Sunday, January 19, 2003

Has technocracy become so pervasive that even those who are supposed to have an intellectual curiosity (in fact are paid to have one), who by all rights should be able to imagine alternatives to their own casual (causal) assumptions, need parlor tricks to "shake up" their "accustomed patterns of thought?" Is an appreciation of ambiguity no longer the hallmark of an educated mind? Or is such an appreciation somehow foreign to the American intellectual imagination? In my naiveté I linked to two sites yesterday and am now embarrassed by them both. But read them now, one after the other, and see if somehow they don't combine to exhibit some sort of cognitive dissonance, as if from within the same mind.

Flying to LA to have a drink with the ghost of Billy Wilder.

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Balkin: "Should We Go To War?"
Faced with uncertainty, one nevertheless must decide. And decision about the right strategy must come soon, because as the months drag on, weather conditions are less amenable to an American-led assault, and the cost of keeping large numbers of troops poised for battle will become prohibitive.
So in order to resolve this question, I did what any sane person would do.
I asked the I Ching.
Siva Vaidhyanathan
The National Review Online offers this rather tardy screed about my NYU colleague Jacques Derrida.

While I am generally sympathetic the article's criticisms of Derrida, I think it inflates his influence in the academy by at least 90 percent. Derrida's influence, which was generational, thin, and temporal, was never more than stylistic -- which is certainly bad enough. And it's been waning for a decade. He's really no big deal nor a threat to anyone. He's a walking, talking, writing straw man.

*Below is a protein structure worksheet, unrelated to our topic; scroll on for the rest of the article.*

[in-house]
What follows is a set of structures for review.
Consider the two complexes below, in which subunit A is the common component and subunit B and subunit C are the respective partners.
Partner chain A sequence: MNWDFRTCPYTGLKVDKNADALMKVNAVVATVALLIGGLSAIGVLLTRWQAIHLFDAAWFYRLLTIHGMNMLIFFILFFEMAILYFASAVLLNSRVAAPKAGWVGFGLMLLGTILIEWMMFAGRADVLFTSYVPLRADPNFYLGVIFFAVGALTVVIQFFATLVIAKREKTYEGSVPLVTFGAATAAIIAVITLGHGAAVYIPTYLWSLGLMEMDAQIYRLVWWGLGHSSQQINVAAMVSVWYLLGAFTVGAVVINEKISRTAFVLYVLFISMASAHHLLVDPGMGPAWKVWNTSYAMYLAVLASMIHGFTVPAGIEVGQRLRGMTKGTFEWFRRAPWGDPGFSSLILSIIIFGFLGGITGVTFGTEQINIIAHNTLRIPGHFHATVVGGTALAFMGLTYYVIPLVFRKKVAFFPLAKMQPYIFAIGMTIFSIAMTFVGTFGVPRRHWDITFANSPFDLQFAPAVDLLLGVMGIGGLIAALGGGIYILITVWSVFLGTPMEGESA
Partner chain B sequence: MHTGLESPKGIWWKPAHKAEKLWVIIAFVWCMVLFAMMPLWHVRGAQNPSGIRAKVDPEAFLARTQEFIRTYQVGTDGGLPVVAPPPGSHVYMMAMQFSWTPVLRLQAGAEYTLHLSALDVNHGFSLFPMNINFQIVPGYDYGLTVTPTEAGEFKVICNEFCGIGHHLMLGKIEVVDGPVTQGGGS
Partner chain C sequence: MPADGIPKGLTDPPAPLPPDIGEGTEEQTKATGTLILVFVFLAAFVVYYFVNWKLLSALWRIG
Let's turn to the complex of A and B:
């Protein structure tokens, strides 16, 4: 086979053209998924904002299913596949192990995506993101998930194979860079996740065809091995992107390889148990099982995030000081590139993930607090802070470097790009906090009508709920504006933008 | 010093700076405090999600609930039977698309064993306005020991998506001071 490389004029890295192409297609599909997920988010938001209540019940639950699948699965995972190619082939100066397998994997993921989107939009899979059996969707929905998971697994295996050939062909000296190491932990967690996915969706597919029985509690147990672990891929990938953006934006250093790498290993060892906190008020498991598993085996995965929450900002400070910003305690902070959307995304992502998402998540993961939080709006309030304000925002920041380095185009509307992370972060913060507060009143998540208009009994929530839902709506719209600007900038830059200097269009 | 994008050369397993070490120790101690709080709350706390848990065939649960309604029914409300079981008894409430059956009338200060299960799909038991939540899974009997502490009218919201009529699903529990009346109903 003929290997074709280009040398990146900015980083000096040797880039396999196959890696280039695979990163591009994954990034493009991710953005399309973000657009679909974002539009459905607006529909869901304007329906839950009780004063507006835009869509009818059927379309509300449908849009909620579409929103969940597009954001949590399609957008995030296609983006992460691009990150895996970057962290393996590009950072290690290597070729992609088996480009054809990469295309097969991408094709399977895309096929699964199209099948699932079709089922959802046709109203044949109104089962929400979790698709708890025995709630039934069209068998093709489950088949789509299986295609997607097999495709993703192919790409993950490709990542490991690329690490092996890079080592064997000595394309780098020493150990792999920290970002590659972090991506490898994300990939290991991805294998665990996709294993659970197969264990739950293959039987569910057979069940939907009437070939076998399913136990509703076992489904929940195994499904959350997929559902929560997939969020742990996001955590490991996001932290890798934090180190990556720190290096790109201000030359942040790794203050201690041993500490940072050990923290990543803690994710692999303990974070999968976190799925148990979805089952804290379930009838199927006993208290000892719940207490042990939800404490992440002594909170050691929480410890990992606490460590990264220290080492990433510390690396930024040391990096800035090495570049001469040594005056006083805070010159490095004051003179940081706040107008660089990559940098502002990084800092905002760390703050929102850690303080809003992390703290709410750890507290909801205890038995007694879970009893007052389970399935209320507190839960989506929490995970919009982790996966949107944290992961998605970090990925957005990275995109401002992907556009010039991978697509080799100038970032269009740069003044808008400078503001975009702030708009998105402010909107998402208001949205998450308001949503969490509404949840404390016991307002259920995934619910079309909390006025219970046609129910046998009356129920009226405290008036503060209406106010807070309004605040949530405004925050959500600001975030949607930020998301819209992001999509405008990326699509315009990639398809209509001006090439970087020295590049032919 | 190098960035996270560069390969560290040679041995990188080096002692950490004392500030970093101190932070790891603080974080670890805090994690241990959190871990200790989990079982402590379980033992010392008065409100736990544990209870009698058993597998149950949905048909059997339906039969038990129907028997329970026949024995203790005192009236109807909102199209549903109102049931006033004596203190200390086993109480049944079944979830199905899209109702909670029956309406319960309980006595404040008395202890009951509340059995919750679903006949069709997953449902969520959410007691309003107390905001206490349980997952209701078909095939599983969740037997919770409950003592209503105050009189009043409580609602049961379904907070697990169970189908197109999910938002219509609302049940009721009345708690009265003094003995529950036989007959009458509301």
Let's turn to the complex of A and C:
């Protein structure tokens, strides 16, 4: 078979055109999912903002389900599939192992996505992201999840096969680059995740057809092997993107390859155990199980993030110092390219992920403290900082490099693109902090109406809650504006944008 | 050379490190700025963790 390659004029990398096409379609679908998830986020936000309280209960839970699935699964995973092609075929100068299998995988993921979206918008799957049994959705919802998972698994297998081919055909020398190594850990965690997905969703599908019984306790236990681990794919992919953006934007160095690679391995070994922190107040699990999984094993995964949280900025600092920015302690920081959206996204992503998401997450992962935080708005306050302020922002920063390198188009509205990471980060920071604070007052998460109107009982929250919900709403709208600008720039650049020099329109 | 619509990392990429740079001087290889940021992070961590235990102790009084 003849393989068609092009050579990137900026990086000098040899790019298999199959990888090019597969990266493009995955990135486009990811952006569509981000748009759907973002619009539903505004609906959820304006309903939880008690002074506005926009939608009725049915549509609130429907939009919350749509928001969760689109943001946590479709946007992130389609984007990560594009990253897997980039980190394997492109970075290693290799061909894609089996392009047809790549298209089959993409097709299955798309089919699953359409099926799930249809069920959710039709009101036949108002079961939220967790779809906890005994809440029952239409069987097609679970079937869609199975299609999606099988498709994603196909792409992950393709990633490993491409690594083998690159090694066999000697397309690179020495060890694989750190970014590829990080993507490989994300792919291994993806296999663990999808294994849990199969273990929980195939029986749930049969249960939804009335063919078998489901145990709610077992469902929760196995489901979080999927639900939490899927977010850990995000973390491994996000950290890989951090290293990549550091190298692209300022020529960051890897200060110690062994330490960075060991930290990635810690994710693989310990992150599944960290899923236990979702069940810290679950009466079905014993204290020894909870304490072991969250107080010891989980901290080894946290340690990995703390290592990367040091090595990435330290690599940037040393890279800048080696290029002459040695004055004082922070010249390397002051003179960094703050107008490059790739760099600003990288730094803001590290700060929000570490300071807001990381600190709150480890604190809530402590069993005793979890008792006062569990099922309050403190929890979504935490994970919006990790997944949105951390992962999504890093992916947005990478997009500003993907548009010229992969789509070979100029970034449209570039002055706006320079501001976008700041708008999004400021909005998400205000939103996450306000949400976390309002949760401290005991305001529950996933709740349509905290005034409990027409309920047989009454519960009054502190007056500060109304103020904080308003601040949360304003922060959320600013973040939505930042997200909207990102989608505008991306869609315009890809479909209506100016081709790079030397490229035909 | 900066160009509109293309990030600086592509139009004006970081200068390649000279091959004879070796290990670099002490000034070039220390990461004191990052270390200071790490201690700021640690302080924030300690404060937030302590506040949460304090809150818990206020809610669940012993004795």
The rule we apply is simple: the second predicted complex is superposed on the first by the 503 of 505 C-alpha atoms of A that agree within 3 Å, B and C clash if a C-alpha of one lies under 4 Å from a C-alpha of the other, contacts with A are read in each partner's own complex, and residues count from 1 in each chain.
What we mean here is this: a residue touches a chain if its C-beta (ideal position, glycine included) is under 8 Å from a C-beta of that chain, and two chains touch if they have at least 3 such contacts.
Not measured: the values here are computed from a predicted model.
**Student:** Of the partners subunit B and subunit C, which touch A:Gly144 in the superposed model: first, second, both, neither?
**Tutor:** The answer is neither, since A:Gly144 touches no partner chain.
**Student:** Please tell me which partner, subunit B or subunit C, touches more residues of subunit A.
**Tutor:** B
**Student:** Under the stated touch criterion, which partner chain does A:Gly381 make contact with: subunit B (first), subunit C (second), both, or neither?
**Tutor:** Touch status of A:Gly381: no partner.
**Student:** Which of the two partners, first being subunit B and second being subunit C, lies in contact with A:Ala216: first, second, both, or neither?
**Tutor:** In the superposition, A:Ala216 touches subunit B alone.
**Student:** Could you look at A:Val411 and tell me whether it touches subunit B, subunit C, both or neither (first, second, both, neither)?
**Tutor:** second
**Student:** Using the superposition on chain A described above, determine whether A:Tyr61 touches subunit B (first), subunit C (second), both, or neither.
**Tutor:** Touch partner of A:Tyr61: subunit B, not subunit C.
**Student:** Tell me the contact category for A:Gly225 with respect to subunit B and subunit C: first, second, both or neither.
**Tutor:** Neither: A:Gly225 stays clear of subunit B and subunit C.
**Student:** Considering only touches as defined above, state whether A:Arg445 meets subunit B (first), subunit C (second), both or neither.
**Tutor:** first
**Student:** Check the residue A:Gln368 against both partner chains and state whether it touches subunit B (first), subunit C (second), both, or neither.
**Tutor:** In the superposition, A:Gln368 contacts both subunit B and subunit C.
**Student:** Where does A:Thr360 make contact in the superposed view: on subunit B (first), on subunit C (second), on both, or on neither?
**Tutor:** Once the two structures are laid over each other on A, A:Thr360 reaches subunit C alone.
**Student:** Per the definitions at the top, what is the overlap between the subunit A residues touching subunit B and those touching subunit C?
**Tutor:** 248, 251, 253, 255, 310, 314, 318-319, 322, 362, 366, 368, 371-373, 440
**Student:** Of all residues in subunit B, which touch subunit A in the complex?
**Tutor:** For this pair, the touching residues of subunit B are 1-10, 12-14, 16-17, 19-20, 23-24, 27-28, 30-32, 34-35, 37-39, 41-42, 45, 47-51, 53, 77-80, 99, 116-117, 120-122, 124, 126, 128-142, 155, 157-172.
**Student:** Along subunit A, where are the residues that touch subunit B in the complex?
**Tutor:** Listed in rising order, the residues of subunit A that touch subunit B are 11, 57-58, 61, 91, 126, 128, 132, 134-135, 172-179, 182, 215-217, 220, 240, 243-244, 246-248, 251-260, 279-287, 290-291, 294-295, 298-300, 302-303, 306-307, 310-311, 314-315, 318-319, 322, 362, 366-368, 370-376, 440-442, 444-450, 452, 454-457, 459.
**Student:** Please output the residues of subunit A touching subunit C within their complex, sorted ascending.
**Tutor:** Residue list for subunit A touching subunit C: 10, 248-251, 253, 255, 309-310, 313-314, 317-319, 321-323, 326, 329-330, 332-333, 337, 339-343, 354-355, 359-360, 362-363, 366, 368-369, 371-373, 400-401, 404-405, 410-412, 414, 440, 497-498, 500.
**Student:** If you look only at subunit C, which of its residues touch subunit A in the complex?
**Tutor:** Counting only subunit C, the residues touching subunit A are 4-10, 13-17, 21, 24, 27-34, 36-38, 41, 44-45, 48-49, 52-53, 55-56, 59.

...I actually had a friend once who had Derrida on his dissertation committee. I broke the friendship by asking what sort of recommendation letter Derrida might write. Would the hiring committee not immediately see the ways the text collapsed in on itself under the weight of its internal contradictions? Wouldn't a letter from a Vienna School logical positivist or a Jamesian radical empiricist be more effective?

Some people do still take Derrida seriously. And many other people take Ayn Rand seriously. None of them are real philosophers (nor particularly smart, for that matter). But that's no reason to get worked up one way or another.
Rand was a lousy novelist.  Saying Prof. X is not a "real" philosopher is like accusing someone of believing in a "false religion.

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